Growing Greener Grant to Boost Rapid Stream De-listing Effort

Annapolis, MD – Today, Chesapeake Conservancy and partners announced that projects proposed by Centre County Conservation District, ClearWater Conservancy, Partners for Fish and Wildlife, Lycoming County Conservation District and Chesapeake Conservancy were among those selected to receive funding through the Department of Environmental Protection’s Growing Greener Program.

“30 X 30” Stream Restoration Initiative

In April 2021 Governor Wolf announced support for the “30 x 30” stream restoration initiative, a collaborative effort to restore the health of 30 agriculturally-impaired streams by 2030. The many community partners include the PA Departments of Environmental Protection (DEP) and Conservation and Natural Resources (DCNR), Chesapeake Conservancy, seven county conservation districts, as well as the dozens of nonprofits, research institutions and local, federal and state agencies involved with central PA Precision Conservation Partnership, Lancaster Clean Water Partners and the Live Stake Collaborative.

The “30 x 30” stream restoration initiative supports community-based efforts that are already underway to reduce nutrient and sediment pollution to Pennsylvania streams and provide healthy habitats for fish and wildlife, outdoor recreation, and better water quality for local communities. The effort directly supports agricultural landowners seeking to address resource concerns (for example, by improving barnyards and planting trees along waterways) to help restore streams near their land. Pollution reductions achieved through this initiative will also contribute to Pennsylvania’s goals for the Phase 3 Chesapeake Bay Watershed Implementation Plan.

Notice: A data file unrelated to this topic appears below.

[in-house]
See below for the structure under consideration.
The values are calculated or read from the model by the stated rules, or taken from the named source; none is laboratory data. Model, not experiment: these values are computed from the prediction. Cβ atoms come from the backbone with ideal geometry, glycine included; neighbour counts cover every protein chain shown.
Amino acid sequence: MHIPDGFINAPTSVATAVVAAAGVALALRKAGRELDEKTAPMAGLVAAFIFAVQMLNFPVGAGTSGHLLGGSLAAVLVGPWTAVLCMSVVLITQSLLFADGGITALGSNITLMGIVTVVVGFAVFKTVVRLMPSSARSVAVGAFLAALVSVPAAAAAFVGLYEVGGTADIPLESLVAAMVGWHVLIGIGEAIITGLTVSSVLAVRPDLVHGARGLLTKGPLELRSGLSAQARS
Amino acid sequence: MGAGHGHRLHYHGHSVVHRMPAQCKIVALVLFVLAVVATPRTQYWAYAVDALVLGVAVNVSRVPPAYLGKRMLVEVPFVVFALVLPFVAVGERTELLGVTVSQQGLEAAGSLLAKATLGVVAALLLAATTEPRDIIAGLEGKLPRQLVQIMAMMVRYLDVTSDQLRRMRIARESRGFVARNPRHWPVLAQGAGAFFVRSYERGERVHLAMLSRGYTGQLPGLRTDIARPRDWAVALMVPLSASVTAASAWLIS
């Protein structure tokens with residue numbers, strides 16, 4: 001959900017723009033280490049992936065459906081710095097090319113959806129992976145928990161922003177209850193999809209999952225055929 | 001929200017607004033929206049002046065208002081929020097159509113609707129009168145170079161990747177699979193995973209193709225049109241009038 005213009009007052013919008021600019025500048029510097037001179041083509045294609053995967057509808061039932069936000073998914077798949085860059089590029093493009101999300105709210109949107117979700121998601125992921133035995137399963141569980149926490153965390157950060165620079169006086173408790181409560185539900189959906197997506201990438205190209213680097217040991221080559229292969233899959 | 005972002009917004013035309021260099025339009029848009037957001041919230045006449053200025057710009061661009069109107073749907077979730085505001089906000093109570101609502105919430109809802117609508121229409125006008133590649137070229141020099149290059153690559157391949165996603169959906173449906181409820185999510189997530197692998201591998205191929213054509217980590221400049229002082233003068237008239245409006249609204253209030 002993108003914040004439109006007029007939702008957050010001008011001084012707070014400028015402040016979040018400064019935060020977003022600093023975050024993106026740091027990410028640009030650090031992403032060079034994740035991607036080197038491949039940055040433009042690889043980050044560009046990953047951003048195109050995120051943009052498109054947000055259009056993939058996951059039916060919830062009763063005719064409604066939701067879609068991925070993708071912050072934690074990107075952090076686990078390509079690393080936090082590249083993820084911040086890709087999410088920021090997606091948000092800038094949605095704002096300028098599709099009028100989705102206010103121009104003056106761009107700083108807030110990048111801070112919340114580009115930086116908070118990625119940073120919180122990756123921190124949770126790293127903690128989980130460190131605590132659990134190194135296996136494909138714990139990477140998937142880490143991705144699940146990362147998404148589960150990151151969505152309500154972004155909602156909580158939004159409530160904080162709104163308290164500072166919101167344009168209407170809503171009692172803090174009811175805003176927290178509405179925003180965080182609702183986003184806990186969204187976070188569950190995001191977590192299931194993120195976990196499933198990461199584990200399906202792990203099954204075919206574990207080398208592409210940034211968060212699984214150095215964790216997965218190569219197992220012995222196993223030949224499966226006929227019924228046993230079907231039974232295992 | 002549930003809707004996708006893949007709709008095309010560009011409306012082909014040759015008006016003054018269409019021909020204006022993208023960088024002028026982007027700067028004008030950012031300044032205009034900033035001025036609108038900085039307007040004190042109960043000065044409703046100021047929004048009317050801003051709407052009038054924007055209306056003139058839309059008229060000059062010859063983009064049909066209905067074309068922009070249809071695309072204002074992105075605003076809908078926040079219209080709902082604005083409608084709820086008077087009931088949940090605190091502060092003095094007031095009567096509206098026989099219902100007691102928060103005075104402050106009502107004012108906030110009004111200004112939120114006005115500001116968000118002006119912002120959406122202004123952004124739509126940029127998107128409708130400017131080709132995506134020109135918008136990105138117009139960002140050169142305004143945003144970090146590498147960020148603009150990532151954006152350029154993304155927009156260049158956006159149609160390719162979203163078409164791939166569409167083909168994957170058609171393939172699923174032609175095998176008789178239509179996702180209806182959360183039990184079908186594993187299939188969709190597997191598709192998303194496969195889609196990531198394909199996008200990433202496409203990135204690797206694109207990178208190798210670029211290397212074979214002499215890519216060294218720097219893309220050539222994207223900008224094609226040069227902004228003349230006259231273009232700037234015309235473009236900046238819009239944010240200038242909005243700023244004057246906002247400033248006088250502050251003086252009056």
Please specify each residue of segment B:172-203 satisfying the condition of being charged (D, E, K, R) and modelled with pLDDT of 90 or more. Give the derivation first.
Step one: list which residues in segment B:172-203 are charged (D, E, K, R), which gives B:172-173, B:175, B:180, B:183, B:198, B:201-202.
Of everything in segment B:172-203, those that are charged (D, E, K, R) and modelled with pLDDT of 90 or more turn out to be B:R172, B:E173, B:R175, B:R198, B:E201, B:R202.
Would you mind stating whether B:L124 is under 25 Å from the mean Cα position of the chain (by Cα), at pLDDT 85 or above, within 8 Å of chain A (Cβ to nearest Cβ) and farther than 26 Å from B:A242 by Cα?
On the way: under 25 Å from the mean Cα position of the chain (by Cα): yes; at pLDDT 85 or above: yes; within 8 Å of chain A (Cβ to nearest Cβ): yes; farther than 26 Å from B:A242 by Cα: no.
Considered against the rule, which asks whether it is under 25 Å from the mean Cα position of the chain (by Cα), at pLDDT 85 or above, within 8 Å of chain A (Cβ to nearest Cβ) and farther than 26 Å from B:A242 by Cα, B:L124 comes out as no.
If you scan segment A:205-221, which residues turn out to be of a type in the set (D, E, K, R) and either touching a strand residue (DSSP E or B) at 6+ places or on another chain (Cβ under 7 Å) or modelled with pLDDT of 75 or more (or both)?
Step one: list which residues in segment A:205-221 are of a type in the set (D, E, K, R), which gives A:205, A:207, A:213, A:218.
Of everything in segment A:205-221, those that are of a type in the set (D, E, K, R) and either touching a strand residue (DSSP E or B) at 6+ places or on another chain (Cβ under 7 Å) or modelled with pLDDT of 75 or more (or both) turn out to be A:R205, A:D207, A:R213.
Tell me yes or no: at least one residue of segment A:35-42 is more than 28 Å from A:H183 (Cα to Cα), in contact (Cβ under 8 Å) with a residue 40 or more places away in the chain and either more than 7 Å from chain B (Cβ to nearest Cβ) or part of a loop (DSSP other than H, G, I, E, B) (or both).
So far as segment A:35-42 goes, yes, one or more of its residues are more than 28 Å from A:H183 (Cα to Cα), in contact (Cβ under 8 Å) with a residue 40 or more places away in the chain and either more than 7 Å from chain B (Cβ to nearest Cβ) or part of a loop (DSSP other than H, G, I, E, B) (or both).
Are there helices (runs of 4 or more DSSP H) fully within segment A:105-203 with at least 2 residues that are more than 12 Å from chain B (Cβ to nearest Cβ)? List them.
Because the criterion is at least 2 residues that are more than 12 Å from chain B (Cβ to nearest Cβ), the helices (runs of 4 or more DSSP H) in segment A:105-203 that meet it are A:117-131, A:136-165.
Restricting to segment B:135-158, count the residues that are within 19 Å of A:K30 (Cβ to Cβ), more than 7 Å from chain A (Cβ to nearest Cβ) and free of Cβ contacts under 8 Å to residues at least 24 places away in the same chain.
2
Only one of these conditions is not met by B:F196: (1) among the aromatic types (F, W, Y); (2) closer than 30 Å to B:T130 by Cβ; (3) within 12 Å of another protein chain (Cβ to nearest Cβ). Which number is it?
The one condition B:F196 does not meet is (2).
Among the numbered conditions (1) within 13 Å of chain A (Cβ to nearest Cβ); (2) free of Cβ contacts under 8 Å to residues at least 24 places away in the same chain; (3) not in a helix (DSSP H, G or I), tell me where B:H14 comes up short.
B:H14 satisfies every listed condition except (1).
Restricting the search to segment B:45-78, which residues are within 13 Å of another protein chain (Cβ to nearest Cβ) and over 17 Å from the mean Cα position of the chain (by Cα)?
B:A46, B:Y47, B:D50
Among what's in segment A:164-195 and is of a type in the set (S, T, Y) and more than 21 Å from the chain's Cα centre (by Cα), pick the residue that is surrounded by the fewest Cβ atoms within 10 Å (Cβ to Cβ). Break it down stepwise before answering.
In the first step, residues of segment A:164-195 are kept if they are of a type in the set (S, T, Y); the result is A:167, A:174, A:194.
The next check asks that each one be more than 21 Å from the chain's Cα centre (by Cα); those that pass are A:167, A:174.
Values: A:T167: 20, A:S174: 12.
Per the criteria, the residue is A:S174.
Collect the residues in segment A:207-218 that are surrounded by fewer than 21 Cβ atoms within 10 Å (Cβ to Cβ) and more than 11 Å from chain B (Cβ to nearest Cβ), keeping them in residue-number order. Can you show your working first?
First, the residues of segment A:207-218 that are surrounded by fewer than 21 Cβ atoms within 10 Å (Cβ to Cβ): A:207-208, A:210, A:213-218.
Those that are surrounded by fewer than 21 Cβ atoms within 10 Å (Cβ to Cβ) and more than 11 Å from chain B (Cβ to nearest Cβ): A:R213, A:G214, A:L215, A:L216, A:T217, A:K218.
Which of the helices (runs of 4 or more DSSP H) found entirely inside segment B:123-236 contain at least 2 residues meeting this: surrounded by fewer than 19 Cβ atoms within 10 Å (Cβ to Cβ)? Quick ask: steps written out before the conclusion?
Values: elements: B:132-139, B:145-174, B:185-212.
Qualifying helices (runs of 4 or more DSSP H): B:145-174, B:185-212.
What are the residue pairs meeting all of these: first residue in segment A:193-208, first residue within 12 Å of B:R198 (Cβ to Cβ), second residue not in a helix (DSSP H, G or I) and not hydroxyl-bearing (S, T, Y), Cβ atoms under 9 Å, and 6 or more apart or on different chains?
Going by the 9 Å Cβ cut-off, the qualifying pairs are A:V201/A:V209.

Growing Greener Grant

The Growing Greener grant award will further the “30 by 30” initiative, specifically for streams in central Pennsylvania.

“Local partners have been reaching out to farmers over the past year and lining up projects that will significantly improve creeks and streams. This strategy focuses agricultural restoration projects where they will improve water quality and habitat for fish and aquatic insects the fastest,” said Chesapeake Conservancy Program Manager Carly Dean. “The Growing Greener grant provides essential funding for restoration on three farms and includes additional funding for new projects to be identified through farmer outreach that’s underway.”

Restoration Projects Funded by Growing Greener Grant

Halfmoon Creek Watershed (2)

A stream restoration project in the Halfmoon Creek Watershed in western Centre County involves a full farm restoration, including installation of a manure storage facility, streambank fencing, wetland and in-stream restoration,  and streamside tree planting. Partners include Centre County Conservation District, ClearWater Conservancy, and the Northcentral Stream Restoration Partnership.

A second project is also in the Halfmoon Creek Watershed and includes in-stream restoration of 441 linear feet of streambanks. The project will complement already completed streambank fencing and tree planting as well as barnyard best management practices installed previously by ClearWater Conservancy and Centre County Conservation District, respectively.

“We’re grateful for the opportunity provided by the Growing Greener Program to continue our work with farmers and rural landowners to improve the health of streams and water quality both locally and downstream,” said Colleen DeLong, habitat stewardship biologist for ClearWater Conservancy. “Support from landowners and partners like Chesapeake Conservancy makes it possible to be the best possible stewards of the region’s land and water resources.”

Pine Run Watershed

The third project will take place within the Pine Run Watershed in western Lycoming County. The farm properties will undergo in-stream restoration to address deeply eroding banks and reconnect the stream channel with the floodplain. Partners on the project include Partners for Fish and Wildlife, US Fish and Wildlife Service and Lycoming County Conservation District.

“We are very grateful for Governor Wolf’s commitment to restore the health of agriculturally-impaired streams in Pennsylvania. While there is significant work to be done, there is also significant support and strong partnerships. Together, we can do hard things,” said Chesapeake Conservancy President and CEO Joel Dunn.